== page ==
Books & Literature

Book Review: Spitting Teeth, by Ashlee Karlar, et al

POETRY: Four local poets who have carved their names into legend on the microphone, now take to the page in this new anthology.

A quirky and thought-provoking collection of locally written poetry.

The Adelaide poetry and spoken word scene is alive and kicking. Sitting at the heart of this is Paroxysm Press, an underground publisher of poetry, fiction, and short works from a diverse range of authors.

Spitting Teeth is an anthology of poetry from four writers, all of whom are well-known on the slam poetry stage. It is clear that much of this work was written to be performed, and that sense helps them jump off the page.

Ashlee Karlar writes of a dying father, an ode of love to a straight girl, the prejudice of coming from a “poor” postcode, and the empowerment in working as a stripper. Her language is clear and taught, allowing the emotion to speak for itself. The heavier subject-matter is delivered with appropriate sprinklings of humour:

So I was thinking that tonight
could be, like, a girls night?
We could talk about yeast infections and drink strawberry margaritas.

Alison Paradoxx delves into physical and mental trauma. Works such as My Existence Should Have Come With a Warning Label, are both confronting and hopeful. Most readers can identify with Conversations Around a Dinner Table where Paradoxx writes:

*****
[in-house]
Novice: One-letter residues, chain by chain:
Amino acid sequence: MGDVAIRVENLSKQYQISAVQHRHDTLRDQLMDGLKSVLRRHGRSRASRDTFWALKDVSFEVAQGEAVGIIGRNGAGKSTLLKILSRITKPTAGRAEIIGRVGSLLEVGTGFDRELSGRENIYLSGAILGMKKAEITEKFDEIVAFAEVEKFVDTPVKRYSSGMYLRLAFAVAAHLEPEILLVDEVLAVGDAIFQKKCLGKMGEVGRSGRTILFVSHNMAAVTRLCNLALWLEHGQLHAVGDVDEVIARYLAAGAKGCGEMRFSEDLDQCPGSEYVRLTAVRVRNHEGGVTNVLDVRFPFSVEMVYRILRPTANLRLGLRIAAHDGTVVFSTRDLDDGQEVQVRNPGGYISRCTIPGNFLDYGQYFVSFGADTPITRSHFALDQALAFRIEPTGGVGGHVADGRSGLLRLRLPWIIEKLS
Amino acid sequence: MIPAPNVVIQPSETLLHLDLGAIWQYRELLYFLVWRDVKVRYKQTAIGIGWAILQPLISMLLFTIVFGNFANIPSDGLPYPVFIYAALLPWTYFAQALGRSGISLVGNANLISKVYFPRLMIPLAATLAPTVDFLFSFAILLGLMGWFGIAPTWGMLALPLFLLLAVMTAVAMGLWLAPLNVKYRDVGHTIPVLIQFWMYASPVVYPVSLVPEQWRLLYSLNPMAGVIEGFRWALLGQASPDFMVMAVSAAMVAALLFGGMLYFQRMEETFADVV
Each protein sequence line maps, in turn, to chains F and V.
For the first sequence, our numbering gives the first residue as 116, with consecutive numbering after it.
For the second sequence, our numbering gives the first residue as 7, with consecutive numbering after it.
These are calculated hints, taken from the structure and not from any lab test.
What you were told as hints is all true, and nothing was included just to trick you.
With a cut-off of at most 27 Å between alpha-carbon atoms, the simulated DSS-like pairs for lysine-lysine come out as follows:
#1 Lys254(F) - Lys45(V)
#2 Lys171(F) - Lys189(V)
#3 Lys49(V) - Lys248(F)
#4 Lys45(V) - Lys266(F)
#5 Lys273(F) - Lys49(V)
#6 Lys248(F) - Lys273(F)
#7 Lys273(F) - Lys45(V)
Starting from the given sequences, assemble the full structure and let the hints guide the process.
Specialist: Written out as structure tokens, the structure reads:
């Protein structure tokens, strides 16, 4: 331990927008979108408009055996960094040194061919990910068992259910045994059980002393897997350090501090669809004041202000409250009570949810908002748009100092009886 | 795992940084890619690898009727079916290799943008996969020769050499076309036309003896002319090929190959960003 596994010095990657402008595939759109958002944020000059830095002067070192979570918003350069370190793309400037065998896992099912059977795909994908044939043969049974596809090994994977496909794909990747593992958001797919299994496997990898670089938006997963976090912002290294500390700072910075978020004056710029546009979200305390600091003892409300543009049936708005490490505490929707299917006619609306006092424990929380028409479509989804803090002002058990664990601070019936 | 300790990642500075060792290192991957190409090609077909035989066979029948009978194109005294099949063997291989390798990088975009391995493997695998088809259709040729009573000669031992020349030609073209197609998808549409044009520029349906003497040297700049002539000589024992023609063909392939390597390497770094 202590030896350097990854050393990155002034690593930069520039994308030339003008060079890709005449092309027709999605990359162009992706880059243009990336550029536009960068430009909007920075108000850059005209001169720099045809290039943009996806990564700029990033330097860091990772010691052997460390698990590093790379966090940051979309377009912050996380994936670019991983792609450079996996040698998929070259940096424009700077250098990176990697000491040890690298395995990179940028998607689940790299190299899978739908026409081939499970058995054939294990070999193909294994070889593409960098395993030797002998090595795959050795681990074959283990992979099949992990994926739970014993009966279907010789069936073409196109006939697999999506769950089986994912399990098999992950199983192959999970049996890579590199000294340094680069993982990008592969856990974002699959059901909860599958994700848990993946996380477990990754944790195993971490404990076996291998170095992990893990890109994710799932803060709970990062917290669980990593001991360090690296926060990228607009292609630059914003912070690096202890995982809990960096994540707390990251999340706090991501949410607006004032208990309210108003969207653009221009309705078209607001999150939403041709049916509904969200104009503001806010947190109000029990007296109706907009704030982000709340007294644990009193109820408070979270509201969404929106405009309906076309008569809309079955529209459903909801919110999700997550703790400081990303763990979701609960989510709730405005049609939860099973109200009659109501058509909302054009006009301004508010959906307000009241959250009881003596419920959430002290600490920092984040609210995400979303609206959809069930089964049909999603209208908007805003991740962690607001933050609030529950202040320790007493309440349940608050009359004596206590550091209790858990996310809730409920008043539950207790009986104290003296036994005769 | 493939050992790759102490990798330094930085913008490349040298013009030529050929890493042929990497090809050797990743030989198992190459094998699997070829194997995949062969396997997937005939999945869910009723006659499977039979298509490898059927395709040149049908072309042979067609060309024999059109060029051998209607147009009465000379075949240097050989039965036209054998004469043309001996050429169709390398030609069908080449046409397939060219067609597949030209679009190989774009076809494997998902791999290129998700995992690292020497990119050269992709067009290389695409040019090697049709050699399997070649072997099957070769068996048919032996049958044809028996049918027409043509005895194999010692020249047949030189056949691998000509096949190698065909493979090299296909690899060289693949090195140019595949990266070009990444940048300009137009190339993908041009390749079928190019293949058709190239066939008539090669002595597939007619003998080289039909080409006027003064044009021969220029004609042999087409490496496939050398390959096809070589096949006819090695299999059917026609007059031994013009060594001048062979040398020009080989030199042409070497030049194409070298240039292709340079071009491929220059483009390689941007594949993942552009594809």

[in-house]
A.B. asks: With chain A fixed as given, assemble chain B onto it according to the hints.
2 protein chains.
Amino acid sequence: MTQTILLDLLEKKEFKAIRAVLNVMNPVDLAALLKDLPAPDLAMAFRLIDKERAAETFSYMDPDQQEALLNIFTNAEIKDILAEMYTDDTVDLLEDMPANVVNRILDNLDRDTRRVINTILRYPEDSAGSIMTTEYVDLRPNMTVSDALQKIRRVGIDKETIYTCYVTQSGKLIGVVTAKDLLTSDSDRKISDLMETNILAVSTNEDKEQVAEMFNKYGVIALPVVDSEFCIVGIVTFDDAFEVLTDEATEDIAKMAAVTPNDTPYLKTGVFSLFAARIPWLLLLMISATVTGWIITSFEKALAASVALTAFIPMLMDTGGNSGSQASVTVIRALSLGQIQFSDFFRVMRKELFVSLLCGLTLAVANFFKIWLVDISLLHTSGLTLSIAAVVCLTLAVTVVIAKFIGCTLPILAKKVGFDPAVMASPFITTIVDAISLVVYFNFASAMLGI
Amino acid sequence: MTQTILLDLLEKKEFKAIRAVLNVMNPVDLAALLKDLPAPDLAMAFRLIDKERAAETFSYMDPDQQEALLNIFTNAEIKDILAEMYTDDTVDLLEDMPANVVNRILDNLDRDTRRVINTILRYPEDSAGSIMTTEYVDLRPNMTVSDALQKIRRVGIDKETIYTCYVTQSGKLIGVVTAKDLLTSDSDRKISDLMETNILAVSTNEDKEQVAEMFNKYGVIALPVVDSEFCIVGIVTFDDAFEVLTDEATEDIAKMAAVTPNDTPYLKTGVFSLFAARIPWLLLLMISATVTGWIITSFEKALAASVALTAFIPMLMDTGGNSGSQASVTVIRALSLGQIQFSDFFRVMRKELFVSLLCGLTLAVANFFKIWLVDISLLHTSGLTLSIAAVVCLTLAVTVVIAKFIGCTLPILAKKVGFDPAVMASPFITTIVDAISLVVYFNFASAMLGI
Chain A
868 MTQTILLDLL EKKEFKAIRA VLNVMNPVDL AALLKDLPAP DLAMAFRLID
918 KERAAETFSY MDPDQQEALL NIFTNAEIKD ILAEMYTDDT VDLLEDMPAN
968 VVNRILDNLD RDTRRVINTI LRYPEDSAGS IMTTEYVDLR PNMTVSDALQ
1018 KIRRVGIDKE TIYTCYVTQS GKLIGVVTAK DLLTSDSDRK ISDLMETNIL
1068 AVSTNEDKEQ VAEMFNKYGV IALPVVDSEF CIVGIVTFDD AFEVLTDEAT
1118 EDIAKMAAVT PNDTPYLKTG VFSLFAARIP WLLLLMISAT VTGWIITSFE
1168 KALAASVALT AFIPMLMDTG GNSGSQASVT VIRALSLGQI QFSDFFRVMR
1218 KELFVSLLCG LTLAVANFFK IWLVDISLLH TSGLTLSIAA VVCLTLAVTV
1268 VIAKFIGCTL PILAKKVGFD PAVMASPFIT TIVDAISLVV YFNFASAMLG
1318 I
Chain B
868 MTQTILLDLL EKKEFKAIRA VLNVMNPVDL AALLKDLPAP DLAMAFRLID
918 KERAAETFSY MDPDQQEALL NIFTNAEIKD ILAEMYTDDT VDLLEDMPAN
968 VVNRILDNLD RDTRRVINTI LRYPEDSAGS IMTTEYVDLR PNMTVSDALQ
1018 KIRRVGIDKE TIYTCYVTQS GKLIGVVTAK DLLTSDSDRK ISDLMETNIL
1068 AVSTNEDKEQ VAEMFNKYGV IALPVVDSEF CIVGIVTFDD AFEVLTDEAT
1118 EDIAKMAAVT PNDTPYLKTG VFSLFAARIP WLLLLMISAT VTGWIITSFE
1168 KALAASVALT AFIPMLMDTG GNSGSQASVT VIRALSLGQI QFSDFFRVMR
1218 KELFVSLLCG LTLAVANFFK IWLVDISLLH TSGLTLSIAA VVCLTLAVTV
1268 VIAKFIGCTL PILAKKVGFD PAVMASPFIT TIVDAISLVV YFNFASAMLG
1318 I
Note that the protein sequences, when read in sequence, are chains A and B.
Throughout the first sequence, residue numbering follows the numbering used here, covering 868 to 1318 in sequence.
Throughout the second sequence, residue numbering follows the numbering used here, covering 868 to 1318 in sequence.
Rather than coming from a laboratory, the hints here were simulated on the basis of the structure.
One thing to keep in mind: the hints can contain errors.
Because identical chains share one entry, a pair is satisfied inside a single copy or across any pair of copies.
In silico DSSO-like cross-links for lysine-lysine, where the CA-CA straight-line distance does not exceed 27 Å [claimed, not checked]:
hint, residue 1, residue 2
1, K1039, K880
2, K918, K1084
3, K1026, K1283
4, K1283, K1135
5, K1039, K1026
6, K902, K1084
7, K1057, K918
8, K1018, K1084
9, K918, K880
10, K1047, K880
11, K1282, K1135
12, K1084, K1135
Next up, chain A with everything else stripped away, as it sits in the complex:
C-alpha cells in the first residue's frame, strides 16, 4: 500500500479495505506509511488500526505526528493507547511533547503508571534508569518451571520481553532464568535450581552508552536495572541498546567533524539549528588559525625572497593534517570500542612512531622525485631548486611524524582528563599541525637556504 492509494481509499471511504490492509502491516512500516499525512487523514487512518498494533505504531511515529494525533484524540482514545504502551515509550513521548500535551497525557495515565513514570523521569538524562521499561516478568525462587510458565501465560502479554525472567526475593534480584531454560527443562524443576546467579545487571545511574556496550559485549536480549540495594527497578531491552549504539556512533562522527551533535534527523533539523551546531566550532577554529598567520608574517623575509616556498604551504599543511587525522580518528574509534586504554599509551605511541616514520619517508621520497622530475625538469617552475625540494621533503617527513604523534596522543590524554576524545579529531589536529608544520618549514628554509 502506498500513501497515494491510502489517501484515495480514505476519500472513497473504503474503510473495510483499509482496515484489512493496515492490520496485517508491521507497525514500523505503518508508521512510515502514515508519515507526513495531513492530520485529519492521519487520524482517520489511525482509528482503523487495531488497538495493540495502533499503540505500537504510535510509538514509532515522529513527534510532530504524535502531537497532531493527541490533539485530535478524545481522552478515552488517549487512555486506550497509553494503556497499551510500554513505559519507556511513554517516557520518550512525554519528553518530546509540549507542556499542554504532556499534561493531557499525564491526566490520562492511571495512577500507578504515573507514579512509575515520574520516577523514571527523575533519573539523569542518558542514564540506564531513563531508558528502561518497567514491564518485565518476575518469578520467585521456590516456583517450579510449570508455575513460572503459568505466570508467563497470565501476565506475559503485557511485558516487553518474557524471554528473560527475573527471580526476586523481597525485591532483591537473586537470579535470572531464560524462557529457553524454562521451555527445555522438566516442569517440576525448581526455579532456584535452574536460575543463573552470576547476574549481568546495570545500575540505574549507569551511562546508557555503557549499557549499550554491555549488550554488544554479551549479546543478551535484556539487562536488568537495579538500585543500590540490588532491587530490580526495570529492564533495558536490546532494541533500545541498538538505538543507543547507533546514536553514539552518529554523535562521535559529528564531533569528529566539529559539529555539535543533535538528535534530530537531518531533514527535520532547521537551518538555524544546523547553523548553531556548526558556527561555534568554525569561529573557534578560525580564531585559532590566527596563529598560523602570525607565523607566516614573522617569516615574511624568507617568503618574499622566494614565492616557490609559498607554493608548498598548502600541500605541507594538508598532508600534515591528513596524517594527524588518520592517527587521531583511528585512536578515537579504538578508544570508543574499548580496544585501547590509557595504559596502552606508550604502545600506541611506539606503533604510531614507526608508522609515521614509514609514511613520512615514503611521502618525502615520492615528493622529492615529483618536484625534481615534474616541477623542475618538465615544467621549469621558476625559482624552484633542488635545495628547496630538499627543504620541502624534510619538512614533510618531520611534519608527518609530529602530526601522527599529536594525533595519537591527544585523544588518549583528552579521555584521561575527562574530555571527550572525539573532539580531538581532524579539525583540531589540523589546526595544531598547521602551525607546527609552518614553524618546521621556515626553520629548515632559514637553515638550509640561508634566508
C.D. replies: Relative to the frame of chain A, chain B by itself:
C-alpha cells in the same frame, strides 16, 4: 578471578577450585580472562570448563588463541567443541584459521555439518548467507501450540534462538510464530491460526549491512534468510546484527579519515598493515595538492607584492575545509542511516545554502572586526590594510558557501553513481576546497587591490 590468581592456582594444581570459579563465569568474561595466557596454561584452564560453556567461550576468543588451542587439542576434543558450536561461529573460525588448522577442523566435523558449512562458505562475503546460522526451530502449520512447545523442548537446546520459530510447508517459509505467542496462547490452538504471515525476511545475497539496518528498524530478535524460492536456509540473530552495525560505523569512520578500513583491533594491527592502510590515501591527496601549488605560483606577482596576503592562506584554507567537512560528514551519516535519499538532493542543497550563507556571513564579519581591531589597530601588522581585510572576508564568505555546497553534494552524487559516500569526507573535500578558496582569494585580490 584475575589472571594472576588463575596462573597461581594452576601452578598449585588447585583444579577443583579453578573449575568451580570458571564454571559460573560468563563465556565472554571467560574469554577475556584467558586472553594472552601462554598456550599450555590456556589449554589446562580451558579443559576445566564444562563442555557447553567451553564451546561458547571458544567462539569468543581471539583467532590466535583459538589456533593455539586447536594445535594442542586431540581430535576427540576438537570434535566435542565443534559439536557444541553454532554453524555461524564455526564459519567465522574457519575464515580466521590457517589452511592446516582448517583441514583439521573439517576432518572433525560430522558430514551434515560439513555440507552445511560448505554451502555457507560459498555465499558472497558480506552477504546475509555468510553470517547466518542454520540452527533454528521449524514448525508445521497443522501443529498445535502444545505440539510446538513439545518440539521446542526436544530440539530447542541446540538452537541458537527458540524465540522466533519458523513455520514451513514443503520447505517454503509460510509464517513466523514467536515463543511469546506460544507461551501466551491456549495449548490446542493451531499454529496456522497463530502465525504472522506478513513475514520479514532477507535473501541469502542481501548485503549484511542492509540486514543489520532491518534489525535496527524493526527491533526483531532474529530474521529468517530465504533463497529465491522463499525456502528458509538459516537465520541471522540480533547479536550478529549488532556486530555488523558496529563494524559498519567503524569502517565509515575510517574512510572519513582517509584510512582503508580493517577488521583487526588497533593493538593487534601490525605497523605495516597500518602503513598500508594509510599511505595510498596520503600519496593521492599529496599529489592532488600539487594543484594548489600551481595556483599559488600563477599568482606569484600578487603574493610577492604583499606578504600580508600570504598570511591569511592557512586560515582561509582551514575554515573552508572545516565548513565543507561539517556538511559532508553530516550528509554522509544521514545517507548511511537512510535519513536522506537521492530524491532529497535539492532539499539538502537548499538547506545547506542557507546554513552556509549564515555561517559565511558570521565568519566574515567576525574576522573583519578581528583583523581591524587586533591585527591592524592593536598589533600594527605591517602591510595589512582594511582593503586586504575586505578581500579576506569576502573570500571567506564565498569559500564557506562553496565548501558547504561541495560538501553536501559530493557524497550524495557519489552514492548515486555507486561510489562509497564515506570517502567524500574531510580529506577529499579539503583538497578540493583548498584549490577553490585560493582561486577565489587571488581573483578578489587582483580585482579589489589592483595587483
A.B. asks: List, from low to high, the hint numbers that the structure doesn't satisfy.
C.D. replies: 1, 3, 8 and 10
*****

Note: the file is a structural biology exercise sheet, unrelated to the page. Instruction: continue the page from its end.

in this house
we don’t ever say the things that should
be said
…yet we all fight to be heard

Chiara Gabrielli explores the ways of being female in the world, and the difficult journey to claiming womanhood.

Boy, I have too much HECS debt to be silenced and dumbed just for
your comfort

Name, deconstructs her own name and its implications:

You see my name is not just three syllables, consonants and vowels.
It is the wings that brought me here, the story of a matched made who agreed to marry each
other from only a few letters and a photo…

Nico also writes around the ethnic assumptions made by others, sexual identity and loss. Particularly powerful is Where are you From:

“You must be good at maths, then”
and if you’re feeling chatty, you’ll throw in something about fried rice
and eating with chopsticks
“how good is Kung Pao Chicken?”

Each of these poets has important things to say: about being female, being queer, being non-Anglo-Celtic, being ill, and most importantly, being human. Each of them writes with passion, technical skill and originality.

This is a great volume to help you discover some of the fantastic contemporary poets living within our fine city.

Reviewed by Tracey Korsten
Twitter: @TraceyKorsten

Distributed by: Paroxysm Press
Released: November 2019
Approx RRP: $21 paperback, $12 eBook

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